Aviation has a tradition of relying on evidence to demonstrate airworthiness, and a corollary tradition of relying on trusted sources, like certificate holders, to provide that evidence. This has meant that we rely on the accuracy of statements from certificate holders to support our airworthiness findings. This evidence can come from manufacturers, from repair stations, and even from air carriers. As certificate holders, we trust their statements. So, if an air carrier surpluses an article, and provides evidence that the article is new, and was produced by a particular PAH, then we have a tradition of trusting that evidence. This evidence has often taken the form of a statement from the air carrier, like a packing list identifying the identity and condition of the articles in a surplus lot. The industry’s trust is based, in article, on the fact that the government typically approves the air carrier’s receiving inspection system (the FAA has an entire advisory circular explaining what the system should look like).

How important is trust to our industry? It is so important the we reserve the most stringent punishments for those who violate that trust.

Falsehoods have traditionally reflected a disqualification to hold an FAA certificate. Even if this was not evident from case law, I would know it because Judge Geraghty of the NTSB administrative law court would remind me of this during our encounters – he always felt it important to remind the industry that inaccuracy and falsehood are the most terrible of sins in the aviation world. When I was a young lawyer, the Judge would explain to me that the FAA relies on documentation to perform its oversight functions. If that documentation is not accurate, or is misrepresented, then this undermines the essence of the FAA’s oversight role.

Violating this trust through fraud or misrepresentation yields severe penalties. It can lead to a lifetime ban from the industry, and criminal penalties can range from 15 years for merely misrepresenting the quality of an aircraft article to life in prison if that same article malfunctions.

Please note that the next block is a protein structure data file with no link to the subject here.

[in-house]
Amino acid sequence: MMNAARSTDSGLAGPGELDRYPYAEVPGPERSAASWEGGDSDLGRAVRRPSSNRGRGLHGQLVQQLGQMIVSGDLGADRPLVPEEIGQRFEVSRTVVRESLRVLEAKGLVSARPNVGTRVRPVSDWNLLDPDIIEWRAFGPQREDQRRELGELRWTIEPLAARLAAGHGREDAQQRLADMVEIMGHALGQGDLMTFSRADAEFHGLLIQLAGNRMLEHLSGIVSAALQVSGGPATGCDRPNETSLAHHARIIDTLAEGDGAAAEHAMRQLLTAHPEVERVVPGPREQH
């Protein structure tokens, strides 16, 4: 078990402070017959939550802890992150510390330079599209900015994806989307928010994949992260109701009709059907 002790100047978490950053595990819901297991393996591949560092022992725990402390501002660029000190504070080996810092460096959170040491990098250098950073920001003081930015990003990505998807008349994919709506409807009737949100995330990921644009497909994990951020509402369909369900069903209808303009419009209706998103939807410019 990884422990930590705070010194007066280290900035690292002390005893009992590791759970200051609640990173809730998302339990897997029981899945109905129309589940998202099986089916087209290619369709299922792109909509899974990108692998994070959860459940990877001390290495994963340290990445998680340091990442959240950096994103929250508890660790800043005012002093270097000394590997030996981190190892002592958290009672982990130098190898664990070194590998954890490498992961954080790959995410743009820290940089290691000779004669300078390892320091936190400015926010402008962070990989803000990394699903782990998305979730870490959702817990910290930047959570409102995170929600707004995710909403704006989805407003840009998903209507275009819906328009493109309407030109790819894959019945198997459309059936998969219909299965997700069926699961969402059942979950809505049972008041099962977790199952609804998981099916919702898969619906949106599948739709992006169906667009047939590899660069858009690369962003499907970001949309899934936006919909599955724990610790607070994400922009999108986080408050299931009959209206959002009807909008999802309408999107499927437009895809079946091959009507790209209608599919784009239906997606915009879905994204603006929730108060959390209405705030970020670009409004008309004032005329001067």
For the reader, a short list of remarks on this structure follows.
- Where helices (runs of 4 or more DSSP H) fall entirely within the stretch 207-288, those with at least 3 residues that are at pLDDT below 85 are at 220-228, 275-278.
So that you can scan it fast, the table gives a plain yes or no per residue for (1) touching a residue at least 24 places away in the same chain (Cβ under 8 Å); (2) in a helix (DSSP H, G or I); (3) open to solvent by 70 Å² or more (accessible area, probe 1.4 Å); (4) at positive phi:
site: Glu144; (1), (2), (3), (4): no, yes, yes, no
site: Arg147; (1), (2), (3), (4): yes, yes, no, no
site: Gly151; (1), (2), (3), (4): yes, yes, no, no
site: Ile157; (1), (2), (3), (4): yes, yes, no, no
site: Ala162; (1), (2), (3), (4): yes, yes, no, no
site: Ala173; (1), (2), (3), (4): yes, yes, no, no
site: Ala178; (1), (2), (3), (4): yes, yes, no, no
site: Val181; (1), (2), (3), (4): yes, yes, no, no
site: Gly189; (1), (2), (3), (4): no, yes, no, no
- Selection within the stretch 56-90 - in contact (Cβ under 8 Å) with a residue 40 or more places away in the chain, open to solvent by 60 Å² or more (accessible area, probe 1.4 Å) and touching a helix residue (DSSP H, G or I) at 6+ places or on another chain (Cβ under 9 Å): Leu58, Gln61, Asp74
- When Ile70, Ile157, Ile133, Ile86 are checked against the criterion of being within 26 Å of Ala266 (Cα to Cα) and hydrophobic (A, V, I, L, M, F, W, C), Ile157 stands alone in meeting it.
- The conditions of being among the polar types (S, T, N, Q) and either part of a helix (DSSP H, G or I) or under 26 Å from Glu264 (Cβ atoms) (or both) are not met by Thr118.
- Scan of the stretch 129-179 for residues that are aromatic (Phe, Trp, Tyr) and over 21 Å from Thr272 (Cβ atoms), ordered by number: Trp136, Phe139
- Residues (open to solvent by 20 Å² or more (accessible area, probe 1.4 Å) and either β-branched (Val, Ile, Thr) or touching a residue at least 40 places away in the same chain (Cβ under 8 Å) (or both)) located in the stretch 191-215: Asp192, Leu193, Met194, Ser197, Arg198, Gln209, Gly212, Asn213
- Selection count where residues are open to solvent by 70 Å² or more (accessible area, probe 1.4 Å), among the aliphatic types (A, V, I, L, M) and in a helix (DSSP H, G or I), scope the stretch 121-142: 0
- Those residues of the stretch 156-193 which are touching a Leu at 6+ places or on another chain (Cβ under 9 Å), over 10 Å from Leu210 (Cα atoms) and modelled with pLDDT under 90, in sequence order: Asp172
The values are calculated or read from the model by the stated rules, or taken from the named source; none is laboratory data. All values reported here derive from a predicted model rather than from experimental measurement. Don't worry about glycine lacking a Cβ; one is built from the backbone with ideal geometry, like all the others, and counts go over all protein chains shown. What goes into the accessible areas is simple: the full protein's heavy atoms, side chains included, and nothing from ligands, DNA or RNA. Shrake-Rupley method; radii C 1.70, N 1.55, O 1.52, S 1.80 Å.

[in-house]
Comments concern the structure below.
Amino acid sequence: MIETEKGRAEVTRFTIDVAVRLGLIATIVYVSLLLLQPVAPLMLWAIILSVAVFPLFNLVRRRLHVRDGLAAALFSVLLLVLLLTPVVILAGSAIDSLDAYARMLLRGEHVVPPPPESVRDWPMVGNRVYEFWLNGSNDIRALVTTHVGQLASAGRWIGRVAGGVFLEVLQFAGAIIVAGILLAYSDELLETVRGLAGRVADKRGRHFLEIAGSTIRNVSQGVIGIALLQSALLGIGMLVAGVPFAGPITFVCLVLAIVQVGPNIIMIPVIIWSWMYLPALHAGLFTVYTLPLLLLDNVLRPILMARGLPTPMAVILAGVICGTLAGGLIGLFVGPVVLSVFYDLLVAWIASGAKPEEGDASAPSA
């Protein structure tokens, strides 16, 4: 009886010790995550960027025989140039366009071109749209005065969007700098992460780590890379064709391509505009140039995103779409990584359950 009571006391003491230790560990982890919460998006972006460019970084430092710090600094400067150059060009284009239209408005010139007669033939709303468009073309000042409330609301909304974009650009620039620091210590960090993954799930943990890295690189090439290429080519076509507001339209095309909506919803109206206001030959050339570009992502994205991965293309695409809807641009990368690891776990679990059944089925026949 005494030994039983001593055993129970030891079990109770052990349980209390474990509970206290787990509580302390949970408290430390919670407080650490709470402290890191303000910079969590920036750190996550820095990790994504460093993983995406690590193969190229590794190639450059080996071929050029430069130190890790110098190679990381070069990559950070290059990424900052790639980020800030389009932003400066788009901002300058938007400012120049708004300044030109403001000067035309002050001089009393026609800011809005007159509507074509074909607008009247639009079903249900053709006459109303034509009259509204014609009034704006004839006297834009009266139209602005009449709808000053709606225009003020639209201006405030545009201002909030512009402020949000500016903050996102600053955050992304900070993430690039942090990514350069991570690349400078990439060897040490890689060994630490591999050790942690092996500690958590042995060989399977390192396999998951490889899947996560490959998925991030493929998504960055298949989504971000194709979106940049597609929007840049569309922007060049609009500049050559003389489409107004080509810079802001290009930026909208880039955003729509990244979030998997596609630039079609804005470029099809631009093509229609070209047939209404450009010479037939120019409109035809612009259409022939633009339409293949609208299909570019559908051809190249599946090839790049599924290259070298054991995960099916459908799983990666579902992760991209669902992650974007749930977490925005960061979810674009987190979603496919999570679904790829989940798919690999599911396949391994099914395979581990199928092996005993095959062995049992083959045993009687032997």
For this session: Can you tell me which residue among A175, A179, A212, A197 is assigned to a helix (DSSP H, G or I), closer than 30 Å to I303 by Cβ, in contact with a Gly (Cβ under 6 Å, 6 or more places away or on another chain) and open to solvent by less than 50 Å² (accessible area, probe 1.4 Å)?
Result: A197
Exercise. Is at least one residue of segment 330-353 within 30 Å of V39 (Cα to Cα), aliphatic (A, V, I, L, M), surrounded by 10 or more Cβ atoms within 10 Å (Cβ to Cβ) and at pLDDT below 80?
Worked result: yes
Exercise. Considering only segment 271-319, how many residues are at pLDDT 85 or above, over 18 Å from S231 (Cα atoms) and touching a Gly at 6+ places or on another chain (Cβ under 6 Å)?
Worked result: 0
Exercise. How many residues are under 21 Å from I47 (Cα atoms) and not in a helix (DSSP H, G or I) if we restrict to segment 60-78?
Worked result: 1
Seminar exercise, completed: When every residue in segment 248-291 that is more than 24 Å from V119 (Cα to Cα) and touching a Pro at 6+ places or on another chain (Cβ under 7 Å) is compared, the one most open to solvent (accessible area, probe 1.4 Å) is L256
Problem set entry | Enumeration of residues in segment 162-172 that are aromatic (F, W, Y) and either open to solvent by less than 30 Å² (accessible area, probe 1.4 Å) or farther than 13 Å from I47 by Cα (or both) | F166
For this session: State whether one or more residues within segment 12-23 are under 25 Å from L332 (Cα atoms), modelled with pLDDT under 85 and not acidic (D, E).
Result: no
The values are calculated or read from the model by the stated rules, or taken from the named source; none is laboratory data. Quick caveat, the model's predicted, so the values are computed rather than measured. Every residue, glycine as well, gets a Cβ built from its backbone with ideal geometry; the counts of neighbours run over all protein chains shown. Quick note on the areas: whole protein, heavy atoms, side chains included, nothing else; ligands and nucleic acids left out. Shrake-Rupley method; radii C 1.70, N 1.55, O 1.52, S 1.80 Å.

Our aircraft articles system is based on this sort of trust. We trust that FAA-approved manufacturers will produce airworthy articles. In the United States, this trust is based on the FAA’s approval of the design (which verifies that the design meets FAA safety standards), and the correlative FAA approval of the production system (which verifies that the production quality system is sufficient to ensure that articles produced under the system will meet the FAA-approved design). We trust that certificate holders will provide accurate statements about the articles that were received into their systems.

Over the past twenty years, the distributor accreditation system has infused an added element of trust into the system. Accredited distributors typically pass along necessary elements of the evidence that they receive to the next partner in the chain of commerce; they also retain all received documents in their system in order to maintain the audit trail. Although traditionally the accredited distributor has not make airworthiness determinations, the FAA has started to nominate FAA designated airworthiness representatives (DARs) who are able to work in an accreditation environment, review the information, and issue an 8130-3 tag on behalf of the FAA when the evidence is sufficient to show that the article is airworthy

The system for confirming the airworthiness of aircraft articles at the time of installation remains an evidence-based system. Sources like the FAA’s accreditation advisory circular provide guidance about what sort of evidence may be acceptable, but ultimately the installer must decide what sort of evidence is credible.
Next time you look at a traceability document, think about who you are trusting and why.


Disclosure: Jason Dickstein is the General Counsel of the Aviation Suppliers Association, and was a member of the EASA rulemaking committee described in this article.

New Part 145 Requirements for Supplier Evaluation

New Part 145 Requirements for Supplier Evaluation

Is your Part 145 organization evaluating its suppliers? A new European rule now requires Part 145 organizations to engage in supplier evaluation.

The new standards offer a number of different strategies for accomplishing this evaluation, so it doesn’t have to be a burden; but it has become a requirement, so Part 145 organizations ought to ensure they are meeting the applicable requirements in all cases.

Many repair stations appear to have missed this change, because it has been introduced without much fanfare. It starts with a minor change in the regulations that was published last summer. In August, the European Commission issued a new rule that required repair stations (EASA 145 organization) to

“establish procedures for the acceptance of components, standard parts and materials for installation to ensure that components, standard parts and materials are in satisfactory condition and meet the applicable requirements” EASA 145.A.42(b)(i).